It reminds me of watching others play the piano or guitar. If she practices for long enough, there comes a moment when a musician doesn’t have to think about the mechanics and can focus on conveying emotion. I wish I could do that with an instrument. For now, I’ll have to be content with the keyboard.

IFOA: You’re a collector of bear stories. What first sparked your interest in this animal?

Cameron: I worked in Algonquin Park, then as a treeplanter in Northern Ontario, and have spent time hiking and climbing out west, so I have seen a number of bears in the wild. They are amazing creatures that remind us of ourselves with their intelligence. But they also scare the heck out of us as we confront the idea that we may not be at the top of the food chain nor completely in control. I am fascinated by what this brings out in people. A bear story is often about much more than a bear.

IFOA: Do you have any rituals associated with your writing?

Cameron: I write in the mornings only. I sometimes get stuck on one song and listen to it over and over in a loop. I try not to drink too much coffee. I wear reading glasses and wooly socks in the winter. Sometimes I aspire to not wear my PJs.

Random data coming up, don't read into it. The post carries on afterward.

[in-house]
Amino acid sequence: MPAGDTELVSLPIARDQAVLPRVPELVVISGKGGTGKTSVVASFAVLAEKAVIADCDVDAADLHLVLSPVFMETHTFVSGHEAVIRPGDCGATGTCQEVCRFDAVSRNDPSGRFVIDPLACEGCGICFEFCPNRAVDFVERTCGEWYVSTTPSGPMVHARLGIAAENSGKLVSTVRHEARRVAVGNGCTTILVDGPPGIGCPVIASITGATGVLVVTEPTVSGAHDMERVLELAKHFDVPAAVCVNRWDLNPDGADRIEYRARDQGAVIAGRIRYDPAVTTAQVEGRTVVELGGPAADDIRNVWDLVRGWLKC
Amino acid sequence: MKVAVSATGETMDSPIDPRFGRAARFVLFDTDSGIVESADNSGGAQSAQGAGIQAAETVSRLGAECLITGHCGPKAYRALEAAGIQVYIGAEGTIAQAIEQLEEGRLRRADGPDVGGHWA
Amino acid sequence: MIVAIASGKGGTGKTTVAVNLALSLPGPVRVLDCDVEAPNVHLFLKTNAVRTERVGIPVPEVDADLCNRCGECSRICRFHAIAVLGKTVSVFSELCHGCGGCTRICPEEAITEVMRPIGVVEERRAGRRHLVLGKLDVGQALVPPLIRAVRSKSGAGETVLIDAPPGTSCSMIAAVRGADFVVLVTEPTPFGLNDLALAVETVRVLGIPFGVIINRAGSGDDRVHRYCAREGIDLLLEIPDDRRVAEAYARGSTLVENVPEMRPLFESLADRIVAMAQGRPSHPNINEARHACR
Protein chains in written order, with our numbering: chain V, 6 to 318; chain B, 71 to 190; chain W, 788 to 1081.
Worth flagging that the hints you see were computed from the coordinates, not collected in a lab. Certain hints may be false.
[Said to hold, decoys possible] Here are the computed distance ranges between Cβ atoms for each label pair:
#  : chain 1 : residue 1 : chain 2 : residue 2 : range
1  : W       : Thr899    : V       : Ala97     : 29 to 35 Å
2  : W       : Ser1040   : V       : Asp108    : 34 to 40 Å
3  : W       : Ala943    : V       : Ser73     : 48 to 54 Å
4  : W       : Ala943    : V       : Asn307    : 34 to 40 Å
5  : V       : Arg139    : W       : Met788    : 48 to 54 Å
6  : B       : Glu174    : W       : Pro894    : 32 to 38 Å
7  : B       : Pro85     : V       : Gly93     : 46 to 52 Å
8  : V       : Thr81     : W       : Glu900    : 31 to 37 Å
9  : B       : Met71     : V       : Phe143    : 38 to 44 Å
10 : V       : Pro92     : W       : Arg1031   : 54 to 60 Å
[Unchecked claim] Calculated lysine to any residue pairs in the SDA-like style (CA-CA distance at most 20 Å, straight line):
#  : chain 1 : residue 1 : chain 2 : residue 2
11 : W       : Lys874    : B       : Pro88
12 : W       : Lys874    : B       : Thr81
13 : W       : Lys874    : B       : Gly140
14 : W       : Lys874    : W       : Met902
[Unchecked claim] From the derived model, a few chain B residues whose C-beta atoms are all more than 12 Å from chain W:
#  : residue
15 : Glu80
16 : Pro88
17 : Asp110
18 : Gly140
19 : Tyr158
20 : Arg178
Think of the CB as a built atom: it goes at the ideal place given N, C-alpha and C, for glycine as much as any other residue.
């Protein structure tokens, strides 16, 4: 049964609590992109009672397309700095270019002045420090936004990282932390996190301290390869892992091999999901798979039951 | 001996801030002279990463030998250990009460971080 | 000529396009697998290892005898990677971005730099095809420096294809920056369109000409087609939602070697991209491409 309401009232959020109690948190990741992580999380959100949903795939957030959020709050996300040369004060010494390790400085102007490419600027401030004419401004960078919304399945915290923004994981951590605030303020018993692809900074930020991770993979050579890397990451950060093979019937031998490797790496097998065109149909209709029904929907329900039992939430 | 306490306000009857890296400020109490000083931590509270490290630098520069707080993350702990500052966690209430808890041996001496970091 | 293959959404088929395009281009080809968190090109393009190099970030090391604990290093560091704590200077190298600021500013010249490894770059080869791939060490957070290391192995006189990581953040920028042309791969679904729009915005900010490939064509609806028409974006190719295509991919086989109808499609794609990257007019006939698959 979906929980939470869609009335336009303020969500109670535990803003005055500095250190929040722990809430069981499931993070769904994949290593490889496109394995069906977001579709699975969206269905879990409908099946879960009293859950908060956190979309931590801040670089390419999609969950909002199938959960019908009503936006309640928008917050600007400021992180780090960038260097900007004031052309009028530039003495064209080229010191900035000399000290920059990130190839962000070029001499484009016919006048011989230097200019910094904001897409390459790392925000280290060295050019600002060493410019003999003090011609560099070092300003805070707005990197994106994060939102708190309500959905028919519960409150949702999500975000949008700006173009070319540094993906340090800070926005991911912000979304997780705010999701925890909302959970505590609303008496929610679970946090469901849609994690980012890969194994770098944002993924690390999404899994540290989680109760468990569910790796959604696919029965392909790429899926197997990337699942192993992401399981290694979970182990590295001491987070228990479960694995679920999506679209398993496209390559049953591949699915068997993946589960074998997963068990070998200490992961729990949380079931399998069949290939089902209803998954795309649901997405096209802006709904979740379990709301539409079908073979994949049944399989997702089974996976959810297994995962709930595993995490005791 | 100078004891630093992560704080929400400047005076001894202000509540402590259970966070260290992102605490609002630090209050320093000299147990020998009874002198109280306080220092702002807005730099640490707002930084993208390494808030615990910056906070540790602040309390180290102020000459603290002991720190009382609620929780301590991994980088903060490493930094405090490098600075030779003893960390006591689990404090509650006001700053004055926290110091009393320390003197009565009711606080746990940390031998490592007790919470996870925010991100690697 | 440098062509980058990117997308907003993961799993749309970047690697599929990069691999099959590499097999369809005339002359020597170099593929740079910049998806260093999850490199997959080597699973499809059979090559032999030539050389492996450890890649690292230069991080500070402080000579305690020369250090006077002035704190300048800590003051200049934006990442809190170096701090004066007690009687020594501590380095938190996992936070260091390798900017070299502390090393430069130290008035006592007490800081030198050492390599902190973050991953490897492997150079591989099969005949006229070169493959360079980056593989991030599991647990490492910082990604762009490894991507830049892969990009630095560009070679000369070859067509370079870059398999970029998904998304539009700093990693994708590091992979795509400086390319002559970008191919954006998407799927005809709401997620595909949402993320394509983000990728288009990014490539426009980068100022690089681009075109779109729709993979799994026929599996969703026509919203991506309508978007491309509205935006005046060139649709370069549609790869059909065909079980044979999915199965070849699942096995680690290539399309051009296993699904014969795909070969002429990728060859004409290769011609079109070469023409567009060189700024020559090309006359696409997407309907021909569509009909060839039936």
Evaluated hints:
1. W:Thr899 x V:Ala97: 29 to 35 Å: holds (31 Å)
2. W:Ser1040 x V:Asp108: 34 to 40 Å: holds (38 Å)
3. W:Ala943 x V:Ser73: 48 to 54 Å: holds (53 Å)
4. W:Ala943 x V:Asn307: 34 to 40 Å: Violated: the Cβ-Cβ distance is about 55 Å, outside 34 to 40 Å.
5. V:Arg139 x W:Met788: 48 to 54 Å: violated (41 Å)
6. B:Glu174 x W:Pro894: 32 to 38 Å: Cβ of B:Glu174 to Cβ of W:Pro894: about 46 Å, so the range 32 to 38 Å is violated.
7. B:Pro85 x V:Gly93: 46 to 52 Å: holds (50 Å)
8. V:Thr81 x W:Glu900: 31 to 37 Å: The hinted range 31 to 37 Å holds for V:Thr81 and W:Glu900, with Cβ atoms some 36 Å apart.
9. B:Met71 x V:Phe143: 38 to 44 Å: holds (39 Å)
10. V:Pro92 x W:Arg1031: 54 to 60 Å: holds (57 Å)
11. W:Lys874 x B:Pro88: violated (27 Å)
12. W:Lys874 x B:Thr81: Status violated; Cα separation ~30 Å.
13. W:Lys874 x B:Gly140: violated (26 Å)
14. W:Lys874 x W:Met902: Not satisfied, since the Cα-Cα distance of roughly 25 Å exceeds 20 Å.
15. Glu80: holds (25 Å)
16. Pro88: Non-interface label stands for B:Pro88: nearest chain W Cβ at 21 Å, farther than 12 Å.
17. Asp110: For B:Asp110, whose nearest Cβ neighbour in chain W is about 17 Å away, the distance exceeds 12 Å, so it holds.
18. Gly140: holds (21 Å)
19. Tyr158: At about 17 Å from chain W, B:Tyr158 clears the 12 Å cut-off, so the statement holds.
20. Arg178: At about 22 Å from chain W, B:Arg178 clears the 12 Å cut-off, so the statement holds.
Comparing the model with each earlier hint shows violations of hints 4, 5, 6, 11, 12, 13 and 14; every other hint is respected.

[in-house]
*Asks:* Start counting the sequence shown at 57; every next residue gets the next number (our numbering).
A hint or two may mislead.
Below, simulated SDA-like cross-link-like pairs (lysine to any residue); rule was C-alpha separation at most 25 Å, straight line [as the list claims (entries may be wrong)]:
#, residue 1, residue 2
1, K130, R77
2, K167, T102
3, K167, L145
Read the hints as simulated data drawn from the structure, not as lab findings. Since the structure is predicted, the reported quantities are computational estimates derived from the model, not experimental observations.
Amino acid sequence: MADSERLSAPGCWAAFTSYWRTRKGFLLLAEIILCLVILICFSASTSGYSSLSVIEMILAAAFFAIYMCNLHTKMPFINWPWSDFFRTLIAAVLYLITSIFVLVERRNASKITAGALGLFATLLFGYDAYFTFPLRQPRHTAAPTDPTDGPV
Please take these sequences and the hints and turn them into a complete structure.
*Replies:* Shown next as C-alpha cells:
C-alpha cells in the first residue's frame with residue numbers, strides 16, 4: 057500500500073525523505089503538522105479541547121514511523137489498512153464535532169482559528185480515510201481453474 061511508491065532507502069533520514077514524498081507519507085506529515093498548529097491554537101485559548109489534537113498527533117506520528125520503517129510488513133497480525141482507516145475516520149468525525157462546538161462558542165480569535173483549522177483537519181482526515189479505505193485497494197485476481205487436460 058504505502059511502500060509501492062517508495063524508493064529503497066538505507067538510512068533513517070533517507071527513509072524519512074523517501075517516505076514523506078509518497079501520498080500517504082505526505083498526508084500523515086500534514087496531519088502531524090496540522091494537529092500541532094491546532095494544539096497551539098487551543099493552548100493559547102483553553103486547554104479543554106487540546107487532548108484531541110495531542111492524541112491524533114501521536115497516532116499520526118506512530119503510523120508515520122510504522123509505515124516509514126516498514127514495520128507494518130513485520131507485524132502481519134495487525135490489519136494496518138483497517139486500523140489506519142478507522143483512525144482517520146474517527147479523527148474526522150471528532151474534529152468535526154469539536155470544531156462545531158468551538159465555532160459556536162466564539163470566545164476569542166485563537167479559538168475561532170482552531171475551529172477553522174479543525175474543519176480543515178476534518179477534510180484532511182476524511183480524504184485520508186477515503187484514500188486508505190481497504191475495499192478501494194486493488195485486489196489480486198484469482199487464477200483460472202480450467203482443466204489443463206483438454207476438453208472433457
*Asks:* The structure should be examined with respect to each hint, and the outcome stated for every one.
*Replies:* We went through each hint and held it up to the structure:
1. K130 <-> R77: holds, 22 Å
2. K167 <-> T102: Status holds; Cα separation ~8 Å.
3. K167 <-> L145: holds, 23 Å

IFOA: What do you read for pleasure?

Cameron: I just finished The Goldfinch by Donna Tartt and can’t stop thinking about it. I read a lot of literary fiction, but also survival and adventure stories. Last year, I re-read Moby Dick and then went on a huge reading kick about Nantucket whaling, which led me to sea stories like The Life Boat by Charlotte Rogan. I love Farley Mowat. The Road by Cormac McCarthy is where  literary meets adventure in a perfect fusion. It’s as close to a perfect book as I can imagine.

IFOA: Finish this sentence: The best part is…

Cameron: When you’ve licked all the icing off your fingers, eaten the middle fluffy part and only have the one forkful from the top outer edge left. Why is it always so good?

Claire Cameron‘s debut novel, The Line Painter, won the Northern Lit Award and was nominated for an Arthur Ellis Crime Writing Award for best first novel. Her writing has appeared in The New York Times, The Globe and Mail, National Post and The Millions. She will present her buzzed-about new novel, The Bear, alongside authors Karen Russell and Helen Walsh on March 13.